TCP/IP Protocol Stack

The Four Layers of the TCP/IP Protocol Stack...

- where the application runs and where the Java APIs are. The application layer only talks to the Transport Layer. Applicaiton Layer

- Responsible for ensuring that packets (datagrams) are received in the order sent and that no data is lost or corrupt. In the event of lost or corrupted data, the transport layer requests a copy of the packet be retransmitted. Two protocols dominate the transport layer. Transmission Control Protocol (TCP) and User Datagram Protocol (UDP). The transport layer only talks to the application layer and the internet layer. Transport Layer

  • 4-bit Version - indicates the IP version IPv4 is 4 and IPv6 is 6
  • 4-bit Header Length - The length of the IP header including options, fields and and padding in 32 bit words.
  • 1-byte Type of Service - Originally for things like priority but not used as intended. Now used for Diffentiated Service
  • 2-byte Total Length - the total length of the datagram. Since this number is 16 bits wide, the max total length is 65,535 bytes.
  • 2-byte Identification Number - used for multi-part or fragmented messages
  • 3-bit Flags - Handles fragmentation...
    • 1-bit DF - indicates that this message should not be fragmented.
    • 1-bit MF - More Fragments indicates that there are more fragments. The last is set to 0.
  • 13-bit fragnent offset - When fragmented this field indicates the order of the message
  • 1-byte time-to-live (TTL) - Specifies how long a message should live based on router hops.
  • 1-byte Protocol -
    • 1 - ICMP
    • 2 - IGMP
    • 3 - GGP
    • 4 - IP in IP Encapsulation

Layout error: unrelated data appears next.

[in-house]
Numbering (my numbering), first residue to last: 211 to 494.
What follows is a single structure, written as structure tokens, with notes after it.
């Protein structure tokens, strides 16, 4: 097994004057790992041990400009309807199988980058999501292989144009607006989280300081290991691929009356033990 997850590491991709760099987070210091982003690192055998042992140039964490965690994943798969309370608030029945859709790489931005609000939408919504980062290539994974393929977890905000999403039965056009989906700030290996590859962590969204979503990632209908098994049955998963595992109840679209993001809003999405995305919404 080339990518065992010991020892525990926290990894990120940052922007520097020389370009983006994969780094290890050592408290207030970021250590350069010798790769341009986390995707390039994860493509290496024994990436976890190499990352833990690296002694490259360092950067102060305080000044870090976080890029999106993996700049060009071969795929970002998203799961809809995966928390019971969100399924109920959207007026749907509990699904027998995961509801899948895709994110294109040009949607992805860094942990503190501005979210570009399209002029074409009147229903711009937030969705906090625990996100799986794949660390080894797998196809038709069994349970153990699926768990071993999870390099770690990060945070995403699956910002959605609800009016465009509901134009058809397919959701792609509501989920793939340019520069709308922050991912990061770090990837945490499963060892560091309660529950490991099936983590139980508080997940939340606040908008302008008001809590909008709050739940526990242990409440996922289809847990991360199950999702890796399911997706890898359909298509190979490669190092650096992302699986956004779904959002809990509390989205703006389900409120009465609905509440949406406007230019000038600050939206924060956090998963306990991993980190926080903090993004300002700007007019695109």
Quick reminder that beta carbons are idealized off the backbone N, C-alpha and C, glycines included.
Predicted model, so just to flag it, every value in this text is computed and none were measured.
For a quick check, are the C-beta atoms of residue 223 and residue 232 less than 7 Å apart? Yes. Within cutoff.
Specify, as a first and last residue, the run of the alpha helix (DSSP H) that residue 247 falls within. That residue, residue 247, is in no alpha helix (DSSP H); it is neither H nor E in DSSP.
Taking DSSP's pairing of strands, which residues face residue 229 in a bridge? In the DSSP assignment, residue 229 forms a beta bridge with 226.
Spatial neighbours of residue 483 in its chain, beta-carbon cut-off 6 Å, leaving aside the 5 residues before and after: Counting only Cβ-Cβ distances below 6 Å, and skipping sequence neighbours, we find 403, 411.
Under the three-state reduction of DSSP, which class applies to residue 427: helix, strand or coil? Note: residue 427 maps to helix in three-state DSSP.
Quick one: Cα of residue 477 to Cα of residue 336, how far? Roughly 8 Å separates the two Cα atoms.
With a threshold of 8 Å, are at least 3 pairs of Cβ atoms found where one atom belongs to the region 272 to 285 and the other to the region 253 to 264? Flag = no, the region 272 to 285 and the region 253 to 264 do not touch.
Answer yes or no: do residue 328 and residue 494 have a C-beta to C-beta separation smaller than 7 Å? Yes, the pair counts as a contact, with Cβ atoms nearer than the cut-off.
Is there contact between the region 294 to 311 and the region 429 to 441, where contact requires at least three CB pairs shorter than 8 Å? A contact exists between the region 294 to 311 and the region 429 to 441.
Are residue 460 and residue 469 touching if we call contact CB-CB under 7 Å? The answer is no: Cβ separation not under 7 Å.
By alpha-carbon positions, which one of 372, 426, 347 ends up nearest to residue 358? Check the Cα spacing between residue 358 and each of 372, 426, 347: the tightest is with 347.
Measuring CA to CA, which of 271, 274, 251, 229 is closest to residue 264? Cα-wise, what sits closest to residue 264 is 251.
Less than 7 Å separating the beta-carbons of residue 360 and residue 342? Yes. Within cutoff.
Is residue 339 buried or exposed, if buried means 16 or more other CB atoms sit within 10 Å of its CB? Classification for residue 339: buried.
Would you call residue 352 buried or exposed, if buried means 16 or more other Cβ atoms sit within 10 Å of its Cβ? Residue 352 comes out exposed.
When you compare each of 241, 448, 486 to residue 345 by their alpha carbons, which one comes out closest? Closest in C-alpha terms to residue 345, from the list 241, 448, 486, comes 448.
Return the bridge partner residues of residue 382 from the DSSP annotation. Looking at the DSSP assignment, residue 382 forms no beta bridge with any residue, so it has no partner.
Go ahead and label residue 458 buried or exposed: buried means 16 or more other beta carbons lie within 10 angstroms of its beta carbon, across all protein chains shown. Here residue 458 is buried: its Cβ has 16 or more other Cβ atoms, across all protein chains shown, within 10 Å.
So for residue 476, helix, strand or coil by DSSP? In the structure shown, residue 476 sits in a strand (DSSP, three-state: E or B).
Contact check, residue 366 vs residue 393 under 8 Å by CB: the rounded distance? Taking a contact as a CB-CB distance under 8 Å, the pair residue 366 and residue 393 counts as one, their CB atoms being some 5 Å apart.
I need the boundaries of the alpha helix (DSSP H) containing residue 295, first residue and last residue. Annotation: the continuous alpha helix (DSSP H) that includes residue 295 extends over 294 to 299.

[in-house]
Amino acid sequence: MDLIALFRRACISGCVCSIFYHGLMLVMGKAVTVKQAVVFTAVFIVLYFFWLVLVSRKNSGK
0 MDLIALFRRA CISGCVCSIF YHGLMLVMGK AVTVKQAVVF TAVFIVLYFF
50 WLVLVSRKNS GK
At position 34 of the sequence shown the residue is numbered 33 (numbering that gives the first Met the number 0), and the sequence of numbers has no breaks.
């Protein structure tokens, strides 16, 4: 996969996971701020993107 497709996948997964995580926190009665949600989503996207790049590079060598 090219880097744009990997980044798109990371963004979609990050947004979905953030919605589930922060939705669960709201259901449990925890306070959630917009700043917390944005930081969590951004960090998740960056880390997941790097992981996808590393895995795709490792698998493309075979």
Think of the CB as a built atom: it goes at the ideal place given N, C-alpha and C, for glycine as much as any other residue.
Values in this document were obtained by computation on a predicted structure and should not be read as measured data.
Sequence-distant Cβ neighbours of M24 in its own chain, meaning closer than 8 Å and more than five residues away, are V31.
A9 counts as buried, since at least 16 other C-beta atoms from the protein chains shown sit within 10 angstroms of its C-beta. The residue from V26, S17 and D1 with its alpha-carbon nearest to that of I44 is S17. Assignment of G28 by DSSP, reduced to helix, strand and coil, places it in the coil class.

• 6 - TCP
    • 8 - EGP
    • 17 - UDP
    • 50 - ESP - Encapsulating Security Payload
    • 51 - Authentication Header
  • 2-byte Header Checksum - simple checksum. Devides the header into 4 words then adds them together. Only for the header.
  • 4-byte Source Address - the IP addres the message came from. Routers don't change this address.
  • 4-byte destination address - the IP address the message is going to.
  • options - mainly used to timestamp, routing, recording the route, etc.
  • padding - pads out the header to a multiple of 32 bits
  • Remander of the 65,535 bytes is payload (data)

- or Network Layer. This protocol determines how byte level data is organized into packets before being shiped to the data link layer. The most widley used protocol on the network layer is Internet Protocol (IP). It is also the only network layer Java understands. The network layer only talks to the transport layer and the host-to-network layer. Internet Layer

- or network layer, link layer, data link layer, network interface layer or the physical layer. This layer does the actual coding/decoding of the anolog signals, converting them to and from digital bytes, then passes the IP datagram off to the network layer. By far the most complex layer. The data link layer has to account for noise, error correction, redundancy, etc. This layer is vendor specific because the vendor makes the physical card that does all this. Host-to-Network Layer

An individual network must use the same kind of host-to-network layer, Ethernet being the most popular. However different network types can communicate using a Gateway server.

Java doesn't deal with the physical layer. Although the data link layer is transparent to the application layer, data can be optimized to run accross a particular layer type. Host-to-network layer only talks to the internet layer.

CREATED 2012-09-09 20:32:27.0


UPDATED 2012-09-09 20:38:30.0



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